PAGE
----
Photo: Sazedur Abedin Santo

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Pottery making

Photo: Sazedur Abedin Santo

Each country has its own craft heritage. Although we have many, from authentic Jamdani weaving to bamboo basket knitting, very few people know their history and traditions. Today in this article we will talk about one of our most talked about legacies: the art of pottery and the village that keeps our pottery legacies alive.

The Bengali term for pottery making is ‘mritshilpo’, which primarily specifies the maneuver of the craft: the soil of Bangladesh.

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Photo: Sazedur Abedin Santo

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Pottery making in Bogura

Photo: Sazedur Abedin Santo

Bamunia Palpara village of Gabtoli upazila, Bogura is one of those places where the soil is meant for handicrafts. When you get there, the smell of the earth proliferates. And you can see thousands of earthen pots lined up in front of tiny thatched-roof houses. Every once in a while someone peeks out the door to take a look at the pots drying in the summer sun. Once they are hard enough, the potters will begin the real magic, which is to color them as they wish and later sell them in the market for us to enjoy the charm.

But the irony of fate would take the livelihood of this small village to the ultimate level. The pandemic would destroy nearly all opportunities to stay in the craft and instead prompt artisans to think of other alternatives to earn a living. The lockdown and pandemic spawns have forced the Baishakhi fair to be curtailed across the country – a major sales hub for potters and thus a continuation of years of financial losses and strains.

Puspa Rani (60) from the village of Bamunia confesses: “We have been doing this since childhood. I still do it out of respect for my elders. But I don’t want my children to do this job. I give them formal education, so they can be able to do other things in the future, especially something that helps them live a better life.”

Surya Rani (70 years old), another craftswoman from the village shares her tribulations: “The trade is no longer the same. This has not been the case for two years. People don’t want clay pots anymore. serious financial crisis because of this change. »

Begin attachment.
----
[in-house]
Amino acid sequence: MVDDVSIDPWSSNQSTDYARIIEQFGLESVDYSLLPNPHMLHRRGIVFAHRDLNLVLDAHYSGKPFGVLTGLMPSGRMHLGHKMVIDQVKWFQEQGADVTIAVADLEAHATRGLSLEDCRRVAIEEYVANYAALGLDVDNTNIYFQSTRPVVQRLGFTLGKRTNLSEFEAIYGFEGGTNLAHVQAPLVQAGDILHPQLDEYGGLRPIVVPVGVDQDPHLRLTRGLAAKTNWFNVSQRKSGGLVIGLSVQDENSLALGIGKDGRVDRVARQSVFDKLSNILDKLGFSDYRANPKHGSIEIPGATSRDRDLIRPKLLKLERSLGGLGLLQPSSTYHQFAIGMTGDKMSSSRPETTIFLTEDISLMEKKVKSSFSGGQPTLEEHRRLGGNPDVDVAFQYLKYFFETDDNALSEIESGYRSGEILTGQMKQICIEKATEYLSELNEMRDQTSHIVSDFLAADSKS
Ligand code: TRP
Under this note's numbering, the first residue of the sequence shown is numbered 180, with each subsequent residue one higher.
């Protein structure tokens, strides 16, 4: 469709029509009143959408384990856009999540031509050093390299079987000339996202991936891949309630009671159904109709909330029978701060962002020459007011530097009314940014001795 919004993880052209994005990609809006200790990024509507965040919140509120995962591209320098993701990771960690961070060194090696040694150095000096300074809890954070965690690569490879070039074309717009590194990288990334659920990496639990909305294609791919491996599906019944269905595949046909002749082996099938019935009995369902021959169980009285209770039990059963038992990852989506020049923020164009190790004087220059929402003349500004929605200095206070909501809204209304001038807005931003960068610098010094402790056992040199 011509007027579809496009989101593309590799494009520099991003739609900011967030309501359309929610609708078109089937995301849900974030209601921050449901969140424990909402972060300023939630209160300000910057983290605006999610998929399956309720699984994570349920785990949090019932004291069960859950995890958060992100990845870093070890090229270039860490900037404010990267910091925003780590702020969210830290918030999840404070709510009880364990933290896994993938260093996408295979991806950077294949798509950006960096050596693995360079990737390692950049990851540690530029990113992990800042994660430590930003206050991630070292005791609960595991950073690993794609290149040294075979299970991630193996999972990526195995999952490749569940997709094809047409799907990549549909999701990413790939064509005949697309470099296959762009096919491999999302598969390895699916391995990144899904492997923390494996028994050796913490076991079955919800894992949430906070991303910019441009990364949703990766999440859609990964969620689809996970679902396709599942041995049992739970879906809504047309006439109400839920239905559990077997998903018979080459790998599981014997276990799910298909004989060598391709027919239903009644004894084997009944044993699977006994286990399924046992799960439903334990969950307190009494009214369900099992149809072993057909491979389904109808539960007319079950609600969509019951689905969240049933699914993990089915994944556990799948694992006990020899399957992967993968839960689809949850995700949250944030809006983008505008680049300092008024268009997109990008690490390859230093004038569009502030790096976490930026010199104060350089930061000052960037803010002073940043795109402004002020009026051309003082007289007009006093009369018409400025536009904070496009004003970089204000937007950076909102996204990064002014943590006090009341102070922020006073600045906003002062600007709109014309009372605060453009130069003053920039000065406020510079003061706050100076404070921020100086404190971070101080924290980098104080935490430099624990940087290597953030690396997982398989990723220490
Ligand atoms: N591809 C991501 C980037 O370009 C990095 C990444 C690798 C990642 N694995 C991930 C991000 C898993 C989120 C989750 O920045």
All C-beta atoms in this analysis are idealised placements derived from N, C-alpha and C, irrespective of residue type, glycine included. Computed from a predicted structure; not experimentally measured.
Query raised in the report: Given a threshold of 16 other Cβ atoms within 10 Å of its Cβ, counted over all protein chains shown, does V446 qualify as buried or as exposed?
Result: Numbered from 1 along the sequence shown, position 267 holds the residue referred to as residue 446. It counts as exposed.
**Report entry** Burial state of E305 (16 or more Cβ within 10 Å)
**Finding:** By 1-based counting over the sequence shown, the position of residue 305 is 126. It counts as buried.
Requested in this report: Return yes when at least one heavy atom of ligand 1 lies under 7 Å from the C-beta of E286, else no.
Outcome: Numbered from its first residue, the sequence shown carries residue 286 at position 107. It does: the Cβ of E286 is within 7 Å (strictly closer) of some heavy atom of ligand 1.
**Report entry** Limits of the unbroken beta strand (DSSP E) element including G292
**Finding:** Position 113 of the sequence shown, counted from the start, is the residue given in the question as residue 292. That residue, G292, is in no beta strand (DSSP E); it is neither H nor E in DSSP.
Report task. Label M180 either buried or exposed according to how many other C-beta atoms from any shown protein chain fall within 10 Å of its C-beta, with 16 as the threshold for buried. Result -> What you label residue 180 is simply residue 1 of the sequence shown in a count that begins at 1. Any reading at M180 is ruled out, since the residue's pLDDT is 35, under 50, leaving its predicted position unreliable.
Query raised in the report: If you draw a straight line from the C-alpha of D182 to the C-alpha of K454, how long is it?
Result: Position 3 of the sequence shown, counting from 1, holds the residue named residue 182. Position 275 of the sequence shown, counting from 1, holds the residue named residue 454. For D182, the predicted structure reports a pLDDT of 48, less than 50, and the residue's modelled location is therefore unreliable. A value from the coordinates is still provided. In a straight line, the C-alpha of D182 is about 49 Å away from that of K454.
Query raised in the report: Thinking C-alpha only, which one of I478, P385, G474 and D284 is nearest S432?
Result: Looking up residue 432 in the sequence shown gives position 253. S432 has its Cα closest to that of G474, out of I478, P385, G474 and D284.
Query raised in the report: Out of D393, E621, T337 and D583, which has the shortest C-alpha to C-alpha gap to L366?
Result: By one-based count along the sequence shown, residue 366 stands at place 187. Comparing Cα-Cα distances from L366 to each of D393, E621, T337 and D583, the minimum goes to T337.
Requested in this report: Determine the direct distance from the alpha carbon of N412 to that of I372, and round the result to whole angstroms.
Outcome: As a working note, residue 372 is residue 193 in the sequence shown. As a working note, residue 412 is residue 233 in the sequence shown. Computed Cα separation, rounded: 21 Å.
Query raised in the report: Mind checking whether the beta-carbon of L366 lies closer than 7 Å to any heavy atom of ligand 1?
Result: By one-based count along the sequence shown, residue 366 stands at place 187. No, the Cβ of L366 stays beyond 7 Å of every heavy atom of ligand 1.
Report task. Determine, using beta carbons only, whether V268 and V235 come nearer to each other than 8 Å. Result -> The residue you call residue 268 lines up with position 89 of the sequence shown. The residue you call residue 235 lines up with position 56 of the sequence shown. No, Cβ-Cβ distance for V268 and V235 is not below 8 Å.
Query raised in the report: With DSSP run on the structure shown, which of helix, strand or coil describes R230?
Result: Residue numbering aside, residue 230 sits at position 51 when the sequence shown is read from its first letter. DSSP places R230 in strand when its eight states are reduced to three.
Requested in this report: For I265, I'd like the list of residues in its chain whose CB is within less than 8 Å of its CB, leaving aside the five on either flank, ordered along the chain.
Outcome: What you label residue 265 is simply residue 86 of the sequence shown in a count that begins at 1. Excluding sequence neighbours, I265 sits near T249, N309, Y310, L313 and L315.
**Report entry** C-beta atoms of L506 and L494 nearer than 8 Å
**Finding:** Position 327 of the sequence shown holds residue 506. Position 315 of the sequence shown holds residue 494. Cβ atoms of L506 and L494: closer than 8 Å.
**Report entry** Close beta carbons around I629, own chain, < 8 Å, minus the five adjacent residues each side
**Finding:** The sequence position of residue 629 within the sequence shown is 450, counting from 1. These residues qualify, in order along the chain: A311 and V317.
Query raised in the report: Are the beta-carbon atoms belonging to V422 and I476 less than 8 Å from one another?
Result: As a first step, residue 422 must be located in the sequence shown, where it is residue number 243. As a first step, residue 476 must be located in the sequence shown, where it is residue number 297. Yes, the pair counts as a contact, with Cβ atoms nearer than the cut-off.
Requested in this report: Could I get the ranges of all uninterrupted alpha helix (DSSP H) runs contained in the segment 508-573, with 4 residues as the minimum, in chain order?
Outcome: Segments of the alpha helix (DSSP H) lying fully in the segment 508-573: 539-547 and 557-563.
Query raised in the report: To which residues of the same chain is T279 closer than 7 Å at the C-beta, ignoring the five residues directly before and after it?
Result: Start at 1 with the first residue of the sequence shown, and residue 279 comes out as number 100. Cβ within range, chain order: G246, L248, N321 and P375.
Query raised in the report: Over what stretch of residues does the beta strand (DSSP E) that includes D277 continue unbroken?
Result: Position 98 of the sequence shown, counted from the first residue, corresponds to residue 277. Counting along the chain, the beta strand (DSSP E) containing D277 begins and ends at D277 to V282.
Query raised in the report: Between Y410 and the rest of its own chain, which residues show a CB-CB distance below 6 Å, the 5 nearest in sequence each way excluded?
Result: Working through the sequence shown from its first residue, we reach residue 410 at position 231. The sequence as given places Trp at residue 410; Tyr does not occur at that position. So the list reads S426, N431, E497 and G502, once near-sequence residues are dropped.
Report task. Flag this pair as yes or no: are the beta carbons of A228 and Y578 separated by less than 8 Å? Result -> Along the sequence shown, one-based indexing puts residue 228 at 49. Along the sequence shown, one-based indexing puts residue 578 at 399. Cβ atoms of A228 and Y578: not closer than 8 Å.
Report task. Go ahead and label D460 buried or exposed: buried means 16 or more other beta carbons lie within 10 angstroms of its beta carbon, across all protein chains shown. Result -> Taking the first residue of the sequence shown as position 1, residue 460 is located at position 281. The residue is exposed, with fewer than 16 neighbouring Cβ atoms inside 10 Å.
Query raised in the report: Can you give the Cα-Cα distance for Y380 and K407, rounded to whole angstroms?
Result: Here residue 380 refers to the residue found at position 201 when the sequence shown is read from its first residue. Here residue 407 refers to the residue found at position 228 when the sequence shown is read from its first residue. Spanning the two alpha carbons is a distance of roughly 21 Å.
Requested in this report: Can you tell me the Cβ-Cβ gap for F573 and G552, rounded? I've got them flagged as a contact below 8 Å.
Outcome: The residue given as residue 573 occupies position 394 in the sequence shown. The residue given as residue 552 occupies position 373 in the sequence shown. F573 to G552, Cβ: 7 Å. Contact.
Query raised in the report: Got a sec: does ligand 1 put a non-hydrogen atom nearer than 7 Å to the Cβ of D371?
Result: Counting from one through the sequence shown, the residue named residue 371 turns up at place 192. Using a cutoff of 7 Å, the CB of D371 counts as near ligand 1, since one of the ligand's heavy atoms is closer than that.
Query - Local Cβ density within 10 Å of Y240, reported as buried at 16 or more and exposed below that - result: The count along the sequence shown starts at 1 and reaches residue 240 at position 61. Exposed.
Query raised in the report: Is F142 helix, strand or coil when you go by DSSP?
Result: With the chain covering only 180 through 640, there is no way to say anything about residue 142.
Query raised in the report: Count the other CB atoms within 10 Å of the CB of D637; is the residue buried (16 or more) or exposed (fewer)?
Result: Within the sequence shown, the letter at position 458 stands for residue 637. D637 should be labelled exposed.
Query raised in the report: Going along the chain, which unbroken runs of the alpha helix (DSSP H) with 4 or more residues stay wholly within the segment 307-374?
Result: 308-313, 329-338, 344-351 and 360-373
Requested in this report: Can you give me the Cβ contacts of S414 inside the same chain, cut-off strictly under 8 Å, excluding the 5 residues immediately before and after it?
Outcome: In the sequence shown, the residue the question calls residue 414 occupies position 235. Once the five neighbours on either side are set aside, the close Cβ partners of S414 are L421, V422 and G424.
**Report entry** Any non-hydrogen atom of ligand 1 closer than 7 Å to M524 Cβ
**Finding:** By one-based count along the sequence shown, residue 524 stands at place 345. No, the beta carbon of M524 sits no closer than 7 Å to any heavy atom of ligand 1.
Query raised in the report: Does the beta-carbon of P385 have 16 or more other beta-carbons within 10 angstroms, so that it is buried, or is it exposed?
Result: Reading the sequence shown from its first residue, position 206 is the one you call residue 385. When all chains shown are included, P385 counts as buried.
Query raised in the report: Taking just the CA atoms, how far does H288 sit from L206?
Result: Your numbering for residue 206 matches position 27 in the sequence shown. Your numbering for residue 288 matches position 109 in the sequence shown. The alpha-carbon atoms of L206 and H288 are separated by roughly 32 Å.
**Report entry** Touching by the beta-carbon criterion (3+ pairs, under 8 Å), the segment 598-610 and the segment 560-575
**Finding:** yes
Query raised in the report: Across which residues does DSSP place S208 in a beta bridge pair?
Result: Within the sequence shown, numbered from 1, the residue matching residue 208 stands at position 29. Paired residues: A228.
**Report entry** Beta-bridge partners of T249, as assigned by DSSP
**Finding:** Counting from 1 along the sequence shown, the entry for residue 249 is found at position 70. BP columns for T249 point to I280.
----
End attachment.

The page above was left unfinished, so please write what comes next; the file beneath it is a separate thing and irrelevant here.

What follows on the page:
Photo: Sazedur Abedin Santo

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Pottery in Bogura

Photo: Sazedur Abedin Santo

Visiting the village, one can see that nursery pottery and pots of greenery and curd are making the most of the sales. They are sold for 3 Tk per piece. In addition to this, artisans also make a variety of earthenware, including pots and pans, utensils, flower boxes, vases, animal and bird shapes, decorations, ornaments, etc. The price of these items ranges from 3 to 1000 Tk.

Khokon Kumar Pal, another craftsman, said, “This profession left by my grandfather and then my father ended long ago. I always try to keep this work alive. But I don’t know how long it will take. possible.”

Md Mofidul Islam, Chairman of Sonara Trade Union Council in Gabtoli upazila of Bogura, said: “Around 500 families in this village are making clay items. They are almost all low-income families. We have developed plans to improve their quality of life. .

“Those without land have been given houses through shelter programs. They also get old age allowances. Government food aid has been given to those who have had no food during the pandemic. Palpara is a pride of our Bogura district, we do our best to keep arts and crafts alive by supporting the livelihoods of artisans,” the president said.

Pottery is an integral part of our traditions. It is our responsibility to perpetuate this craft by supporting it. Special crafting can only survive if we give it the attention it needs. Which means if we go back to our roots and buy these items to use in our daily lives. Only then will this pottery die out.

Hope is the only word that keeps the world alive. And pottery also has its version of hope by its side. Modern technology, today, helps age-old unique crafts stay alive in new ways. Whatever the form, our sincere hope is to keep the art form and artisans alive for years to come.

Translated by Mehrin Mubdi Chowdhury

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